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Getting Apps Done

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Intro to Design Thinking from A Software Developer’s Perspective

April 18, 2019

Everyone is talking about design thinking. Books are being written, job descriptions are requiring it. But what is it and why is it important to software developers? Joshua introduces the concept and a new series of Youtube videos from Getting Apps Done on design thinking for developers.

  • 00:02 Joshua

    Welcome to Getting Apps Done, a mostly non technical podcast with the goal of helping you deliver software because if you didn't ship it, it didn't happen.

  • 00:15 Joshua

    Hey folks, welcome back. Uh, again, we have another week with no Kellen, unfortunately. So you are stuck with me, uh, for better or for worse.

  • 00:25 Joshua

    But what I wanted to talk about today is design thinking and I'm working on a series of videos to go a little bit more in depth about each of the phases of design thinking. But I just wanted to give a general overview of what I think design thinking is and how it plays into my everyday life as a developer.

  • 00:44 Joshua

    Now I know a lot of designers and developers have some issues with design thinking. Most of that seems to be centered around the fact that good designers and developers have been using design thinking for a long time. It's not a new concept though. The terminology is new and I think that's actually a really important part of what it is.

  • 01:03 Joshua

    Because prior to design thinking being a thing, we didn't necessarily have a way to communicate what we were doing or why we were doing it to other parts of the business. Trying to explain to a manager why you need to take time to empathize and understand your end users could be quite difficult if that's not something that they naturally grasp. Much the same. Prototyping and building mocks and iterating quickly is not a concept that necessarily makes a lot of sense to somebody unless they can see it within the context of a process.

  • 01:35 Joshua

    And that's really what design thinking gives us. It gives us a defined process that is shared amongst more than one discipline. So it makes sense to developers, it makes sense to designers, it makes sense to managers, project managers, investors, you name it. And there's a lot of power in that because we're all on the same page and that doesn't happen very often.

  • 01:56 Joshua

    So I think the concept of design thinking a while it's not new and I hate it when things become "things", is still really important and it is good for us to keep in mind. And I'm very grateful that it exists and it is bringing this to the forefront of software development and design in general because of that whole concept of putting us all on the same page, putting us in the same context when we're building an application. Now the way design thinking breaks down this process is into five steps, empathizing, defining, ideating, prototyping and testing. Now there's actually some missing pieces in there I think for the software development process, but this actually gets us to a stage where we have a good design and a good idea of what it is we're building. So these are kind of pre steps to building software.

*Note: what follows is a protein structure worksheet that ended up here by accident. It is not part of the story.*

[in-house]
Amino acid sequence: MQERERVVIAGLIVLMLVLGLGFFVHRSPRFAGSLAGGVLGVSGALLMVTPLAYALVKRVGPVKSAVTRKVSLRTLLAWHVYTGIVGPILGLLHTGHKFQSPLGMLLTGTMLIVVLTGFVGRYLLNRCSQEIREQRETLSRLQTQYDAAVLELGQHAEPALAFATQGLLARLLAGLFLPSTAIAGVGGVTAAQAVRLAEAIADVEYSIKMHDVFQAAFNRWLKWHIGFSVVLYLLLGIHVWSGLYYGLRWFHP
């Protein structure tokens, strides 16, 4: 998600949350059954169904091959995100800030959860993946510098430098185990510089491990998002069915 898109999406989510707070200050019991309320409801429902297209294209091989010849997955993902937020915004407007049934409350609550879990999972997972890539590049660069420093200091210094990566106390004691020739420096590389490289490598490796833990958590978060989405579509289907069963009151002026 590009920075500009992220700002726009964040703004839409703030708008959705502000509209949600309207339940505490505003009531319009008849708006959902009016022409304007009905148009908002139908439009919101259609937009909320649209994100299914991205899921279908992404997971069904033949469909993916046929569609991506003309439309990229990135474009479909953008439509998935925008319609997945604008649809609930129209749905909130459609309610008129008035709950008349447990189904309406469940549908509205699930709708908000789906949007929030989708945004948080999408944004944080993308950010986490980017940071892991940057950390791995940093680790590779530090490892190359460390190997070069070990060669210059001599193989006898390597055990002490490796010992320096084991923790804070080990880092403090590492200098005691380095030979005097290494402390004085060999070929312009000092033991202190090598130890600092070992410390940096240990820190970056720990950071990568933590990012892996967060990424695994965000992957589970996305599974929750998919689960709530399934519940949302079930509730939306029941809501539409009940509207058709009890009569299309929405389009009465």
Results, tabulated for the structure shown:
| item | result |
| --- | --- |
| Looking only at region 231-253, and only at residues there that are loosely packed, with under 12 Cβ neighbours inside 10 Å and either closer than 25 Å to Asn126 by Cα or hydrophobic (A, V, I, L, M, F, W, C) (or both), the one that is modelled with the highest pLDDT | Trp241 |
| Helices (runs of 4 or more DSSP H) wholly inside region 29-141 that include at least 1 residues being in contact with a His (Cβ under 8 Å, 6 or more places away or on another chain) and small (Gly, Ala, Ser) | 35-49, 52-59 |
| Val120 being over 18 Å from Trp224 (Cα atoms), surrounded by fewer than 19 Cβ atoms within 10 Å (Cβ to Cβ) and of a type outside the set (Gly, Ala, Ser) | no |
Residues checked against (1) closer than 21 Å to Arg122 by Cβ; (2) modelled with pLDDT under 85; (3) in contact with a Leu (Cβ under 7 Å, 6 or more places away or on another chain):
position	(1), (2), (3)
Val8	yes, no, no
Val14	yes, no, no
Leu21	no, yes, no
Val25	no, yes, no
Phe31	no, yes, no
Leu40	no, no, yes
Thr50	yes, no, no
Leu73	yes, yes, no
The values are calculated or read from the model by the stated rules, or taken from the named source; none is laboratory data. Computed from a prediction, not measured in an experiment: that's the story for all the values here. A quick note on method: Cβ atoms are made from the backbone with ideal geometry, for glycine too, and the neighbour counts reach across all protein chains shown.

• 02:45 Joshua

    So, I'll start with empathy because empathy I think is probably the single most important in all of these. Some of the others, they're all very, very important. But I think empathy gets us on the right footing and it's something that a lot of developers I've seen miss because developers tend to be engineers. We like to fix problems. The problem with that is we don't necessarily see the same problems as our end users. It might just so happen that we happen to be our end user as well and we do see those problems and some really great applications have come out of that. But in general, if we're building something for somebody else, we aren't in the same context as them. We're not in their shoes. We don't know what their problems really are.... We're talking about problems that the application is solving, not just in general. Empathy allows us to put ourselves into their shoes... at least briefly so that we can start to understand what it is that they struggle with on a day to day basis. What aspects of our software it will improve their day will make it easier for them to do things or allow them to do things that they couldn't do before.

  • 03:46 Joshua

    The second step is to define those things. So once we have put ourselves in their shoes and started to identify what problems they have and what their day to day life is like and how we can improve it, we start to then list those things down. Now, there are a lot of different ways to do this. Some people like user journeys, storyboards, role objectives and lists of pain points and user personas and things like that. I really don't care about any of that. No, I that I take that back, I care about them, but I don't care which one you pick as long as it is a good way to clearly define what you discovered during your empathy stage where you were interviewing people or you were shadowing them where you were learning to understand what it is they do.

  • 04:28 Joshua

    Because the definition of that is what is going to help us basically grade ourselves later on. That's what we are matching up against. What we're measuring against in the end when we get to the final phase, we need to make sure that what we have built actually matches the definition.